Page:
Athena Ng was a young scientist of huge potential

2 December 2023

She died, at the age of 22, in October of this year.

Cheuk Nga Athena Ng was born in Hong Kong and attended Ying Wa Girls’ School. She was a brilliant student, excelling not only in science subjects but also in languages. Her abilities were many and varied. For example, she was also a talented flautist and singer, passing the Associated Board of the Royal Schools of Music at the highest grade.

In 2017 and 2018, she attended the Astronomical Training Programme for Secondary Students organised by the Chinese University of Hong Kong, the Hong Kong Astronomical Society and the Hong Kong Space Museum, returning to the programme afterwards as a group leader. This programme included “stargazing camps” and it is clear that her ambitions were set high in every sense. Indeed, in 2019 she participated in the Young Astronaut Training Camp organised by the Hong Kong Space Museum.

In 2018, she achieved a distinction in mathematics and physics in the Secondary School Mathematics and Science Competition organised by the Hong Kong Polytechnic University.

With her natural ability in the sciences, Athena could have chosen any subject to study. Inexorably drawn towards exploring the fundamentals of the universe, she chose to study physics with astrophysics and cosmology at King’s College London.

During 2020, she found time to be a student research assistant at the University of Hong Kong, where she carried out research on particle physics.

But her passion for science never distracted Athena from making use of her other abilities and from putting something back into the community she came from. For instance, in the summer of 2021, she joined the a volunteer project organised by the Hong Kong Federation of Youth Groups. Here, she was an English tutor for children from disadvantaged backgrounds. The staff at the Federation remember her as cheerful, positive, and highly responsible. She coped calmly and patiently with the ever-changing demands made upon the volunteers due to the extraordinary circumstances caused by the pandemic and showed real leadership ability for someone of such a young age.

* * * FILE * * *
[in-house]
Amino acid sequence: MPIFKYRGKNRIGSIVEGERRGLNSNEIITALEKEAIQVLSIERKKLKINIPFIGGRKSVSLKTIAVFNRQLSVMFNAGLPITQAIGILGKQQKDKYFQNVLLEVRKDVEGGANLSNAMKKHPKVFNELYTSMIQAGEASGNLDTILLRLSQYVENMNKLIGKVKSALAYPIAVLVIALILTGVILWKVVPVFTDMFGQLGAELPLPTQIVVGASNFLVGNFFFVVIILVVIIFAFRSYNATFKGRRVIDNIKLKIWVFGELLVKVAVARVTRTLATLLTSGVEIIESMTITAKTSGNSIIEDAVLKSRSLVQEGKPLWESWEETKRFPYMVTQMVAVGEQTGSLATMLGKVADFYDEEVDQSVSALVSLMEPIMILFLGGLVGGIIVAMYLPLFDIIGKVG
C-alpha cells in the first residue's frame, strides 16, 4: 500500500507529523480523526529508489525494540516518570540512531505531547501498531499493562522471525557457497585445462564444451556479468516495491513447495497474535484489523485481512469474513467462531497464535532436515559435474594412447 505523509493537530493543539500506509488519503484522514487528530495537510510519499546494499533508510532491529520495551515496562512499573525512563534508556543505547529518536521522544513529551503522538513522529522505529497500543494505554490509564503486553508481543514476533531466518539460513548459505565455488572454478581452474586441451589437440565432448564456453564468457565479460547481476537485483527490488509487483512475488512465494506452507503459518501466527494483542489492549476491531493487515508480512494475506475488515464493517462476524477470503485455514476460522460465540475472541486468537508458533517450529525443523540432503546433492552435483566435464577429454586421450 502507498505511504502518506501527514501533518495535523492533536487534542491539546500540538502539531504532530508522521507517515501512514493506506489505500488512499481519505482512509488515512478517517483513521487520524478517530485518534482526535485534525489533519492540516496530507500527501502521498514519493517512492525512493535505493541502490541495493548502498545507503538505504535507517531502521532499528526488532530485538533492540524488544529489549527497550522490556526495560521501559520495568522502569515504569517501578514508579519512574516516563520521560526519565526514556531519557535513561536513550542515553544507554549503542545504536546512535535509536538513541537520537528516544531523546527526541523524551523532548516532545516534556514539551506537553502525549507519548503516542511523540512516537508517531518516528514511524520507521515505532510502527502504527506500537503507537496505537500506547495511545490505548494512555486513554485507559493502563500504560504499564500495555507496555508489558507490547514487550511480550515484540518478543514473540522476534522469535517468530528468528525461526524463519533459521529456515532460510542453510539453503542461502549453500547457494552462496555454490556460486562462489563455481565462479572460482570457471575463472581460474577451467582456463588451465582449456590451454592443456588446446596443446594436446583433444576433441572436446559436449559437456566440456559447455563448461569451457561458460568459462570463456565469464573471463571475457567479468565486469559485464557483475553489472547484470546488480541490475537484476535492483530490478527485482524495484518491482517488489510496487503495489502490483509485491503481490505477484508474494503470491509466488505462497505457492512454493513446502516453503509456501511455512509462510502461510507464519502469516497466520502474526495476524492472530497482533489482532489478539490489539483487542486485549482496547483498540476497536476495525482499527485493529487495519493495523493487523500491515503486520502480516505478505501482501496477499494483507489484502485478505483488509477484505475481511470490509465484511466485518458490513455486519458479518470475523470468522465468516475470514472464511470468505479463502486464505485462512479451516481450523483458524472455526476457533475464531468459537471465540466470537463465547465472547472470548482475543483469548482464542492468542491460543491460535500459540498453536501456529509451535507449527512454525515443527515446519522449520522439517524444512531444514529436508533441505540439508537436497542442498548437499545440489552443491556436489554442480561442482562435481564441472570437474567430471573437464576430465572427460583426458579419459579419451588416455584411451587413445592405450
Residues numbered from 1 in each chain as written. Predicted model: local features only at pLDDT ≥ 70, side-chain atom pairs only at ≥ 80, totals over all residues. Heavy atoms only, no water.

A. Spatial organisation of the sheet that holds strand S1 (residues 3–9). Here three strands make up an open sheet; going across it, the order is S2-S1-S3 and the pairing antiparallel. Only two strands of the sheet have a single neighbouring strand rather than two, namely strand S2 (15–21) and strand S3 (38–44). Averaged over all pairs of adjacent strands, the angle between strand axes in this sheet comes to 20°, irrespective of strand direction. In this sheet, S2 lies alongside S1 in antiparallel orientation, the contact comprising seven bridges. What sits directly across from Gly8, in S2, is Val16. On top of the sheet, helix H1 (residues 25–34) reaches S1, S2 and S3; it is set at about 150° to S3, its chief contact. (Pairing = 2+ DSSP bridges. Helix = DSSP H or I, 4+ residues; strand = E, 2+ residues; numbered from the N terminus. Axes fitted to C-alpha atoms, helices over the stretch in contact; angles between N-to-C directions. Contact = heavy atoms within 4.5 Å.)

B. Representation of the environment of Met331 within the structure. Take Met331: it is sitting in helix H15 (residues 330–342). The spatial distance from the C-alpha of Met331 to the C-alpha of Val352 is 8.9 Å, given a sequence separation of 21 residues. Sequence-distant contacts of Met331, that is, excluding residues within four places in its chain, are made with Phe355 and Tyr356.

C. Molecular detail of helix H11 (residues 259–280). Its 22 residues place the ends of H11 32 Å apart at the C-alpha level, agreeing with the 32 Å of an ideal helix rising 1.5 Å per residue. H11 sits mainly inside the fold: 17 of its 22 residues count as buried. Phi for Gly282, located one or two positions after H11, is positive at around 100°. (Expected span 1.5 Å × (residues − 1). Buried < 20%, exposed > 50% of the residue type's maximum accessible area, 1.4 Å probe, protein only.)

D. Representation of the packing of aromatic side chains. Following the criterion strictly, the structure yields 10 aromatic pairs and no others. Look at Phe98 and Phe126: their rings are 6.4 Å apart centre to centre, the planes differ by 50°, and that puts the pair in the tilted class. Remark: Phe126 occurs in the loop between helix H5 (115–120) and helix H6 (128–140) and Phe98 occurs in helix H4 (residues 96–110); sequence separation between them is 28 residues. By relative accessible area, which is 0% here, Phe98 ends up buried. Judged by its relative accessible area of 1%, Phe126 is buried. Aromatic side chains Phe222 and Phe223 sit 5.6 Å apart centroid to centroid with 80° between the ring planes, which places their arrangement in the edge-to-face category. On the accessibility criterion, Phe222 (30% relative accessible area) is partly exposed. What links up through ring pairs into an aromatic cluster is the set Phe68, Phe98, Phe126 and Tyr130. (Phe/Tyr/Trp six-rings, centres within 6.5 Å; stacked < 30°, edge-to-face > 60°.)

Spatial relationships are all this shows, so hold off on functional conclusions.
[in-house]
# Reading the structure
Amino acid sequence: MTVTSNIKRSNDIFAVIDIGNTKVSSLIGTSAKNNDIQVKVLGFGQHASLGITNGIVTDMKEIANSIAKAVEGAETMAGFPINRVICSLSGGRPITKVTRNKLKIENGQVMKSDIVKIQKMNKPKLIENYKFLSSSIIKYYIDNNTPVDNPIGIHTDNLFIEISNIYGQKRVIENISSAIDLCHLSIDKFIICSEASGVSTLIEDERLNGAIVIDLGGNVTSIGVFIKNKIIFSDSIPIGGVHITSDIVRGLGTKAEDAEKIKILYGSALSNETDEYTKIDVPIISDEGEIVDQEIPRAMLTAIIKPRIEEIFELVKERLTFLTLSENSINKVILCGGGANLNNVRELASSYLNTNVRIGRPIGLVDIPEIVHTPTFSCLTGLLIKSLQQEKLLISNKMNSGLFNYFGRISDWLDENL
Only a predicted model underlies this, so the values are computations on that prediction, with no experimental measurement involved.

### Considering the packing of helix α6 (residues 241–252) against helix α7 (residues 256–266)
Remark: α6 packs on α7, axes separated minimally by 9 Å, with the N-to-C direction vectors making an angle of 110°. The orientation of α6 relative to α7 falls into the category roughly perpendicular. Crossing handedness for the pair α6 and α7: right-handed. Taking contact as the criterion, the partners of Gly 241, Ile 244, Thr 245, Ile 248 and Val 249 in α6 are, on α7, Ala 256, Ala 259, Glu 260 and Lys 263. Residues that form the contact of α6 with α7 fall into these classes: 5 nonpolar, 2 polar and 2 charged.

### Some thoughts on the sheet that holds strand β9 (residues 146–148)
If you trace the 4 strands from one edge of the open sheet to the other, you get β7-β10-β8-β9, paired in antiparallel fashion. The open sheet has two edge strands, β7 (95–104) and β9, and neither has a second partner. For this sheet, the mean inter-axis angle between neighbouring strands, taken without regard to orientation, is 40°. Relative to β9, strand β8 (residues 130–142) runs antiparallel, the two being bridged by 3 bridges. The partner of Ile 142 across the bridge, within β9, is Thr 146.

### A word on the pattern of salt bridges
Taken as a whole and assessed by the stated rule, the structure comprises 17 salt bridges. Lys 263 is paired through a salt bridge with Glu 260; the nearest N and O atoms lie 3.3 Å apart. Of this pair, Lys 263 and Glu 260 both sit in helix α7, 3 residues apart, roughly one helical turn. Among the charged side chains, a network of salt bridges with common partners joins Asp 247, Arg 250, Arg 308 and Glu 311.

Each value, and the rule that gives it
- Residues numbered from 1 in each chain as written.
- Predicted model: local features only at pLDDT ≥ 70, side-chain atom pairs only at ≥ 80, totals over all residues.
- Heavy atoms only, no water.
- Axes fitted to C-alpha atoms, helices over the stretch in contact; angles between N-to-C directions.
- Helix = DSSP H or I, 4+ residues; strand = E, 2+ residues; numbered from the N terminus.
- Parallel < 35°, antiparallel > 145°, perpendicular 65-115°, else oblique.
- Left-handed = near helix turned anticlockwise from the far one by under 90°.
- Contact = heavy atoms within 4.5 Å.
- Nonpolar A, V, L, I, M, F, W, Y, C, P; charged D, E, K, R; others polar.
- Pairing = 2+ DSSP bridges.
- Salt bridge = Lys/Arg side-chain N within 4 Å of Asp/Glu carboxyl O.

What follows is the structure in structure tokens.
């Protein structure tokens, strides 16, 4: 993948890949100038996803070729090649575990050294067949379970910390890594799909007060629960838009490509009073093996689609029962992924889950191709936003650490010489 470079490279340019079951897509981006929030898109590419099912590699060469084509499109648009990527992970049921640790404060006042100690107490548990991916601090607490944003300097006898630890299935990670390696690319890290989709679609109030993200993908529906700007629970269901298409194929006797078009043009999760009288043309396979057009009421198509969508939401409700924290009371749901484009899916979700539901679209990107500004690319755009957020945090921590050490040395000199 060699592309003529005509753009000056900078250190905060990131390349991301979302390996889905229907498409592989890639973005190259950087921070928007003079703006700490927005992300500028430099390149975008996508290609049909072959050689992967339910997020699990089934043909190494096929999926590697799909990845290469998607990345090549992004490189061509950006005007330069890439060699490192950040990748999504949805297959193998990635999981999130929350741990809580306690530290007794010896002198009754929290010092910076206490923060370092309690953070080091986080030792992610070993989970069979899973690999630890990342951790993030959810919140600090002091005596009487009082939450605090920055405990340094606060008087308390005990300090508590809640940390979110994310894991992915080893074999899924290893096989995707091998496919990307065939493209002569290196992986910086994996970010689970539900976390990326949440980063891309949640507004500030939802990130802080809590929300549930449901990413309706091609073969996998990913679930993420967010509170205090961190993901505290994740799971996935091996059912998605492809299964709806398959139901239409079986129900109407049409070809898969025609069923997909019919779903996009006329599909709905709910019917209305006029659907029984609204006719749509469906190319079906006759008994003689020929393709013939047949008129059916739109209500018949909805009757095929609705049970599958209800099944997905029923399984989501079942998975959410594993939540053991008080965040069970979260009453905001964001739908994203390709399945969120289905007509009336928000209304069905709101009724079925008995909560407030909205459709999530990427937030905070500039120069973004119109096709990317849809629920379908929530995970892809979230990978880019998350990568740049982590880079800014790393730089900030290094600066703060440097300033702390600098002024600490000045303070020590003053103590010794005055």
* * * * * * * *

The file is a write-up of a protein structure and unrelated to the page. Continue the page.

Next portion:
Back at King’s College London, she continued to excel, despite having to deal with all the disruptions caused by the pandemic while living so far from home. Her final-year project was entitled Rotating Supermassive Black Holes. The professor who led her project group commented that “Athena’s performance in this project was outstanding,” noting her ability to “think beyond what she had been given”. She was active, engaged, and able to study independently of supervision, even when grappling with very difficult, highly technical subjects.

Athena graduated with first-class honours from King’s College London in 2022, a tremendous achievement at any time, but especially during the pandemic years. She then moved across London to study an MSc in Physics at Imperial College. Her teachers there speak very warmly of her very constructive attitude towards learning and her great determination and enthusiasm for her subject. Her questions were insightful and would often transcend the specifics of the topic at hand.

Athena achieved a distinction for her dissertation project on simulating gravitational wave signals from binary mergers. The academics who worked with her at Imperial were united in recognising her as a student of great promise, one who would excel in her PhD studies.

Athena received her acceptance from the University of Manchester to begin her PhD in October this year, building on the foundation of her studies at King’s College and Imperial. Her research topic was on supermassive black holes and nuclear star clusters, aiming to use machine learning to develop a new way of describing them and thereby gain insights into the formation of early galaxies.

To support her studies, she applied to Croucher Foundation. “The competition for Croucher Scholarships is very fierce. But when we met Athena at the interview, we could see that she was a talented and passionate young scientist with huge potential who we were happy to support”, commented Professor Vivian Yam, a Trustee of Croucher Foundation. “At Croucher, we are deeply saddened at her tragic passing, and our thoughts remain with her family and friends.”

Her tragically early death leaves a huge gap in the lives of all who knew her.